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In many ways, Kenny loses his innocence as a result of this experience. He will never be able to un-see what he saw at that church, and he has learned a lot about the type of hatred that exists in the world and the way it can completely change people. He realizes how precious life is, but also how fragile. At first he is not okay with this, and attempts to gain some of his childlike innocence back by hiding behind the couch and letting the "magic powers" he believed in when he was younger bring him back to his former state. In the end, though, he accepts that he is different now, and decides that that might not necessarily be a bad thing.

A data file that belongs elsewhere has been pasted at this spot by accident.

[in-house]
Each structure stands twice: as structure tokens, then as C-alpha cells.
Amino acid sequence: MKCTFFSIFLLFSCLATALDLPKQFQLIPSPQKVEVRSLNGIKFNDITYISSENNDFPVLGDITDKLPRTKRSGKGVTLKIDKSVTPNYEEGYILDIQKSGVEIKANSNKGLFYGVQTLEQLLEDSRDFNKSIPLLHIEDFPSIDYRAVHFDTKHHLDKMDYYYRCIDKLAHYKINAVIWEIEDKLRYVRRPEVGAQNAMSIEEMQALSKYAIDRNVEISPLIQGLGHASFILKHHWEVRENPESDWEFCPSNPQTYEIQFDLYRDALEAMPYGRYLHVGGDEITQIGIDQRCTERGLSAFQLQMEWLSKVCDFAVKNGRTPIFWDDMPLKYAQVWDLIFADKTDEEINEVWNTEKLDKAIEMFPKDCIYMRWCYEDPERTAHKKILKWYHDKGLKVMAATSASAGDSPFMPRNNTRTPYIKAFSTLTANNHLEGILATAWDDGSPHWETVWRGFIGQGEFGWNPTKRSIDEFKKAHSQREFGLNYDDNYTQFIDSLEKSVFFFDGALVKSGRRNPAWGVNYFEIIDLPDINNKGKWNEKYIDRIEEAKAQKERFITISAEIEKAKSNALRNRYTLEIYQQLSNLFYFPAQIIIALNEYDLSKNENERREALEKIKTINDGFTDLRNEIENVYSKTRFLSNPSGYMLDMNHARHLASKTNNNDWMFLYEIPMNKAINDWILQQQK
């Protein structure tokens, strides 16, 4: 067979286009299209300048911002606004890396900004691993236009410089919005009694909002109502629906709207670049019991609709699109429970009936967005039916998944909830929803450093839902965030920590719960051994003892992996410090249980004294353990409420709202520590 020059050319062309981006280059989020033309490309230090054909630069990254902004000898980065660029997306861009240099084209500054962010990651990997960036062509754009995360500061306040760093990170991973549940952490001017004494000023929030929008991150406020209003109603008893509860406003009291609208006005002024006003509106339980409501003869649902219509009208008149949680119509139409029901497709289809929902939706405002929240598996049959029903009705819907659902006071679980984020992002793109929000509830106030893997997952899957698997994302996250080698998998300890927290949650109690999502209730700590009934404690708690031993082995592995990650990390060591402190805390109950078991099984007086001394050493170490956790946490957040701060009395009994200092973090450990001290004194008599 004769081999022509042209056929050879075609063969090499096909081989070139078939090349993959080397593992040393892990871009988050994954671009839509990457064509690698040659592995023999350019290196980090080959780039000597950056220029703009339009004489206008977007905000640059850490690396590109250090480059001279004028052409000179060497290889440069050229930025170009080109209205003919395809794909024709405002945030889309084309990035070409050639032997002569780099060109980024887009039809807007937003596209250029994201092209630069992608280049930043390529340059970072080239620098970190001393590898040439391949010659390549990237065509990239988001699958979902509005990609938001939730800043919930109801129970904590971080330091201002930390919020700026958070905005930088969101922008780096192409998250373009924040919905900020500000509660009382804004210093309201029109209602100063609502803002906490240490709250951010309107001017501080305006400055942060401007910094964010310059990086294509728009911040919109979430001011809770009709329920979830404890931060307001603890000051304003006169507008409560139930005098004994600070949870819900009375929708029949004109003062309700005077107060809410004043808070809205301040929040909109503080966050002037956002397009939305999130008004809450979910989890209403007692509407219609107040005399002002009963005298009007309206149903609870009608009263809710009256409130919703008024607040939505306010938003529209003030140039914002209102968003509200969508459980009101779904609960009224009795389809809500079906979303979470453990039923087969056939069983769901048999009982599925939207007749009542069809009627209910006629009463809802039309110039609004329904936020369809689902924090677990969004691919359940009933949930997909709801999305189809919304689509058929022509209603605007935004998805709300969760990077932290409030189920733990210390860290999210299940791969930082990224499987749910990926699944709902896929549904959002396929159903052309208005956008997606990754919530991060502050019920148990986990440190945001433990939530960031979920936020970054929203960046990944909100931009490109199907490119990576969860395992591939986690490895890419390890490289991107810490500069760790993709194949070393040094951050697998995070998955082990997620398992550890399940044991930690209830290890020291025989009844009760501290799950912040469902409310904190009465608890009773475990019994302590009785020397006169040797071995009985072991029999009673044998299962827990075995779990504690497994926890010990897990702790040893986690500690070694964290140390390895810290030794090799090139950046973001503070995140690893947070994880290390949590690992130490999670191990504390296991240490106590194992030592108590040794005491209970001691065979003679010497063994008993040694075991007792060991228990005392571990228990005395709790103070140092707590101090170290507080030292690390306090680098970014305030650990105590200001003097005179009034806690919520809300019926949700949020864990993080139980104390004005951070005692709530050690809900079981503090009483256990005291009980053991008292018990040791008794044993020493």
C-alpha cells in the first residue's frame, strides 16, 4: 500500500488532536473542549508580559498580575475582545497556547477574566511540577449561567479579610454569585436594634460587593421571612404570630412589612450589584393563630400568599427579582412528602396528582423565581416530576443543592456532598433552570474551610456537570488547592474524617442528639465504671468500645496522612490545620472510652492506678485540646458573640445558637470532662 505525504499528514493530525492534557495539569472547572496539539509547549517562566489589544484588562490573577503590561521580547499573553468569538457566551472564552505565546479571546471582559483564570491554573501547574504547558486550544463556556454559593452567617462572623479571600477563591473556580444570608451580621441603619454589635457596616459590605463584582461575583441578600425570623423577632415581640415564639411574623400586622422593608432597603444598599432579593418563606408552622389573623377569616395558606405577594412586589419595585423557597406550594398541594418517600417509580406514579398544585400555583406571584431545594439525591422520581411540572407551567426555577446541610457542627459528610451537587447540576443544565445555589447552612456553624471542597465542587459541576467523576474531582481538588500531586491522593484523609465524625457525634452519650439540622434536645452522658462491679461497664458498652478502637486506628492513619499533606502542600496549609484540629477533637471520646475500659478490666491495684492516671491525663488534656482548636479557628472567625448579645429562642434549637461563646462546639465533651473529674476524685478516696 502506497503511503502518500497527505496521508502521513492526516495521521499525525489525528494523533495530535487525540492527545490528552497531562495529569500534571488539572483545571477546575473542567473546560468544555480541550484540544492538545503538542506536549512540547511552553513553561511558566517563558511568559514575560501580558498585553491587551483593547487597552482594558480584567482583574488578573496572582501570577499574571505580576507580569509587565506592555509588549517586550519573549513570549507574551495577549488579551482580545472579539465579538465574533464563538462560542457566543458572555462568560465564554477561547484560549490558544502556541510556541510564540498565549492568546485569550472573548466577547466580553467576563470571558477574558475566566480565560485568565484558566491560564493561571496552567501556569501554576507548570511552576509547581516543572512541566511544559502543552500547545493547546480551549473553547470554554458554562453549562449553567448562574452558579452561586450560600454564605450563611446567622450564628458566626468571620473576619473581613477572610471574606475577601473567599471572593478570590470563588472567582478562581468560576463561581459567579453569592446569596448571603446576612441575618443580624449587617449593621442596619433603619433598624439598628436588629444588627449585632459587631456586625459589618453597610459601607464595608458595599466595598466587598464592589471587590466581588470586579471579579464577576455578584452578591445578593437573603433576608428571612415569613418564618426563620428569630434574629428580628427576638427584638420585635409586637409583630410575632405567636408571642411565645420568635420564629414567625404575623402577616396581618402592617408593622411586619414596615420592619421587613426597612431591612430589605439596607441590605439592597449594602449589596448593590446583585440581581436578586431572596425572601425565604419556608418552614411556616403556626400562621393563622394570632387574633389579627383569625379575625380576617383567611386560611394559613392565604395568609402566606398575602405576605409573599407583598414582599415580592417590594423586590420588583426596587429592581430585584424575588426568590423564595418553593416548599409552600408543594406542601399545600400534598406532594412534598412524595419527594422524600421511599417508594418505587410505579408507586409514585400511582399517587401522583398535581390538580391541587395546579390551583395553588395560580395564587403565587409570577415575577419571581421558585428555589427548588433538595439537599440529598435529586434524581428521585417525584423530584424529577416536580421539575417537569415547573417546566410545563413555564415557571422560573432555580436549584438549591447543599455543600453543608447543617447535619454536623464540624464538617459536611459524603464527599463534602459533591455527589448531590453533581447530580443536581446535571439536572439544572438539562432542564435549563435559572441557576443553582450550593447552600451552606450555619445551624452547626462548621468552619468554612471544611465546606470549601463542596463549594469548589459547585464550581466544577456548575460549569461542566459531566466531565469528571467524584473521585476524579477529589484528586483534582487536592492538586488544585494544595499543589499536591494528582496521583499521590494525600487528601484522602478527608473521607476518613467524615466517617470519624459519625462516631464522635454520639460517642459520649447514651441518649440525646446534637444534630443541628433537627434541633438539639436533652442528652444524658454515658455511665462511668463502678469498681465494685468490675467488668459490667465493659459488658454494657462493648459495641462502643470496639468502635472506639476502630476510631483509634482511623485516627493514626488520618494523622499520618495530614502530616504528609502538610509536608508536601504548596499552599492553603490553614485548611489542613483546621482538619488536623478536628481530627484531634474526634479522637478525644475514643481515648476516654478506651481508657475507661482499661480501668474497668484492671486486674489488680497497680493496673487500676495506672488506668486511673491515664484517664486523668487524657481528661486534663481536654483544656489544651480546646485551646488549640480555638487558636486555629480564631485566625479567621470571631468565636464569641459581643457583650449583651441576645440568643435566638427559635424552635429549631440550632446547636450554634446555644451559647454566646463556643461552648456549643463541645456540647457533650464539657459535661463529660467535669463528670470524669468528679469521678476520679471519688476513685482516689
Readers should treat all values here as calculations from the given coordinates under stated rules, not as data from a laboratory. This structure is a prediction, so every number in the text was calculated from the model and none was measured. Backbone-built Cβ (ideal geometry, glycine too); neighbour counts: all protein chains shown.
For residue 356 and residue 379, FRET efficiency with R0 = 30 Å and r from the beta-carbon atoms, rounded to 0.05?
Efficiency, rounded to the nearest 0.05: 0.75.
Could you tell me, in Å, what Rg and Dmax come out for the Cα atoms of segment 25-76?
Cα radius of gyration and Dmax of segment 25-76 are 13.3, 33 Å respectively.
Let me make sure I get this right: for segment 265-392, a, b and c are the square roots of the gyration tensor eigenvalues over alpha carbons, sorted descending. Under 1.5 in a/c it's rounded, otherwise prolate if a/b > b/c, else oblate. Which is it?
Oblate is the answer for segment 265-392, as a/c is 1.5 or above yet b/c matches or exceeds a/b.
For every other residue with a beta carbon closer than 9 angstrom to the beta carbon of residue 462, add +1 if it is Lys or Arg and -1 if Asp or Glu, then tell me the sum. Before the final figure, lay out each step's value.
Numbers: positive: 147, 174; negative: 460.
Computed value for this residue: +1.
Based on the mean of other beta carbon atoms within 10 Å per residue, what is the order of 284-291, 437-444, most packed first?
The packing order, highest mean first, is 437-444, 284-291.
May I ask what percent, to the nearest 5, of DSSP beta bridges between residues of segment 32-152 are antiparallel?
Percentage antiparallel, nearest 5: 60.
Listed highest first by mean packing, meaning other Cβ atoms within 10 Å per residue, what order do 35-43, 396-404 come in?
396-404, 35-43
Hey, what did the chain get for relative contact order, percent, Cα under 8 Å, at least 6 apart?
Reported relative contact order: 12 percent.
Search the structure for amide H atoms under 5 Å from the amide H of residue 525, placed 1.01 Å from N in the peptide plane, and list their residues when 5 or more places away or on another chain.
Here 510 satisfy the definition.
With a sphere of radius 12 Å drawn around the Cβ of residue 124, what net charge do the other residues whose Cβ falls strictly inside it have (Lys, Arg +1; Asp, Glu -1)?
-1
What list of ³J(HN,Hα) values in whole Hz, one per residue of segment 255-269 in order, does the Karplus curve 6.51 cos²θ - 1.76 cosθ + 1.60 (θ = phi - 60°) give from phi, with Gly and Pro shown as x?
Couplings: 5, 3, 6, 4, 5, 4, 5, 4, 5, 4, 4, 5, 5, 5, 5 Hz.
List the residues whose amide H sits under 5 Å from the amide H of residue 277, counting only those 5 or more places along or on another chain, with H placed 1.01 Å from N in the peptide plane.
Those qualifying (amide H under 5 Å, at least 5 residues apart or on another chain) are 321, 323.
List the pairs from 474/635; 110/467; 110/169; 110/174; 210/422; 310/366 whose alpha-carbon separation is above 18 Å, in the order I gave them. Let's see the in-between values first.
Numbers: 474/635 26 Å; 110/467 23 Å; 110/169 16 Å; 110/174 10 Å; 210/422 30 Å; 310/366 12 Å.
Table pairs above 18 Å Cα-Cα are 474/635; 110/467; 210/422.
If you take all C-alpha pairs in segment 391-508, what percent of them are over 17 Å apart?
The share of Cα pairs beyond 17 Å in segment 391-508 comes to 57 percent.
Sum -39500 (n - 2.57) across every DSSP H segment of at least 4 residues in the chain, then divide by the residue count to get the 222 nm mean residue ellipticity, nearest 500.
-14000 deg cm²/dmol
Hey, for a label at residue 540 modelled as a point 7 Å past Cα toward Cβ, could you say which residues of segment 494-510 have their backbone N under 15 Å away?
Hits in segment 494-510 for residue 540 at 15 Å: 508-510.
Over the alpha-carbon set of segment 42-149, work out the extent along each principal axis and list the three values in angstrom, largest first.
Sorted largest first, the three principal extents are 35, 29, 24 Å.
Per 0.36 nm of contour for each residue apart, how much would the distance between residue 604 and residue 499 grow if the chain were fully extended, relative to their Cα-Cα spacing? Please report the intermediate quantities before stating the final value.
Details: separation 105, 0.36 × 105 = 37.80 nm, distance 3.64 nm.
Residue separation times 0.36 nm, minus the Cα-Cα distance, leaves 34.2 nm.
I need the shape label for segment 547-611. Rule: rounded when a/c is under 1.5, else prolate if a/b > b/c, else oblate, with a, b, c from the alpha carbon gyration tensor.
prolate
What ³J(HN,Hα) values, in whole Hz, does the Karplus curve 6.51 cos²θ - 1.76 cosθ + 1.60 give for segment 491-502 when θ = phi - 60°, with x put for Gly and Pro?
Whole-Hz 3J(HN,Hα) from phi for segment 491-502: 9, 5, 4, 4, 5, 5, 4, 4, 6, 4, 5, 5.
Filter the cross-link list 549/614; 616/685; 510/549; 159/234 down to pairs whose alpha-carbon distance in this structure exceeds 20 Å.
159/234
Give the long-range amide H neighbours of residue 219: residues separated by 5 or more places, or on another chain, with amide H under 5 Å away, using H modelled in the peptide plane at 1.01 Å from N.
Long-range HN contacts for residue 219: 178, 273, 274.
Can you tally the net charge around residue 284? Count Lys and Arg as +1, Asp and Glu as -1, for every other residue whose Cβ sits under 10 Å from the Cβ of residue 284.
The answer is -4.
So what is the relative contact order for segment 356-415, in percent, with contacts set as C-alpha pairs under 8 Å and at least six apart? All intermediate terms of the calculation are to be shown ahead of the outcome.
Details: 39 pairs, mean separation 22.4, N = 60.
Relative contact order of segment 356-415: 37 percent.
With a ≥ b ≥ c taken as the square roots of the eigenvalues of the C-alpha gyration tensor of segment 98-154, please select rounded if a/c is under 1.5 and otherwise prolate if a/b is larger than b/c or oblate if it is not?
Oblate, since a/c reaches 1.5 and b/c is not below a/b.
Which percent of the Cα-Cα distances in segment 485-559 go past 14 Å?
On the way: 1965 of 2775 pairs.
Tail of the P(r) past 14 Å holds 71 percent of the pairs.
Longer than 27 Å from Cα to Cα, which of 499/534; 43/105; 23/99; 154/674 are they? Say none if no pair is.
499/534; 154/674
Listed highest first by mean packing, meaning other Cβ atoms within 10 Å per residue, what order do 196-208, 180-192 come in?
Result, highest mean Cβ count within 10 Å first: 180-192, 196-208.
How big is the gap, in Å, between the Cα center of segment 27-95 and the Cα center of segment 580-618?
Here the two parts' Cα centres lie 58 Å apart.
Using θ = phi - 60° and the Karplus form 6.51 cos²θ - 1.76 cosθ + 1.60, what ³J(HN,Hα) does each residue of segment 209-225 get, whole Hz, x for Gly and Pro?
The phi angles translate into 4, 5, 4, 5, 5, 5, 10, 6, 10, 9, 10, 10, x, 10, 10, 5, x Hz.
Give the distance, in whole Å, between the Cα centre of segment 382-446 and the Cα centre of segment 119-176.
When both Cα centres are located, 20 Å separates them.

Kenny is not the only one who grows up as a result of this event. Even though the Watsons clearly decided not to leave Byron in Birmingham with Grandma Sands, it is clear that the trip to the South accomplished exactly what it was intended to do: change Byron's ways. Byron has now seen first-hand the type of hatred that exists in the world; it has humbled him, matured him, and made him realize that there are things far more important than joking and acting up. Byron is the only one who can successfully make Kenny feel better after returning to Flint. The talking-to he gives him in the bathroom at the end of the novel is a sign of his newfound maturity—and to prove he's grown up, he has even started growing a beard.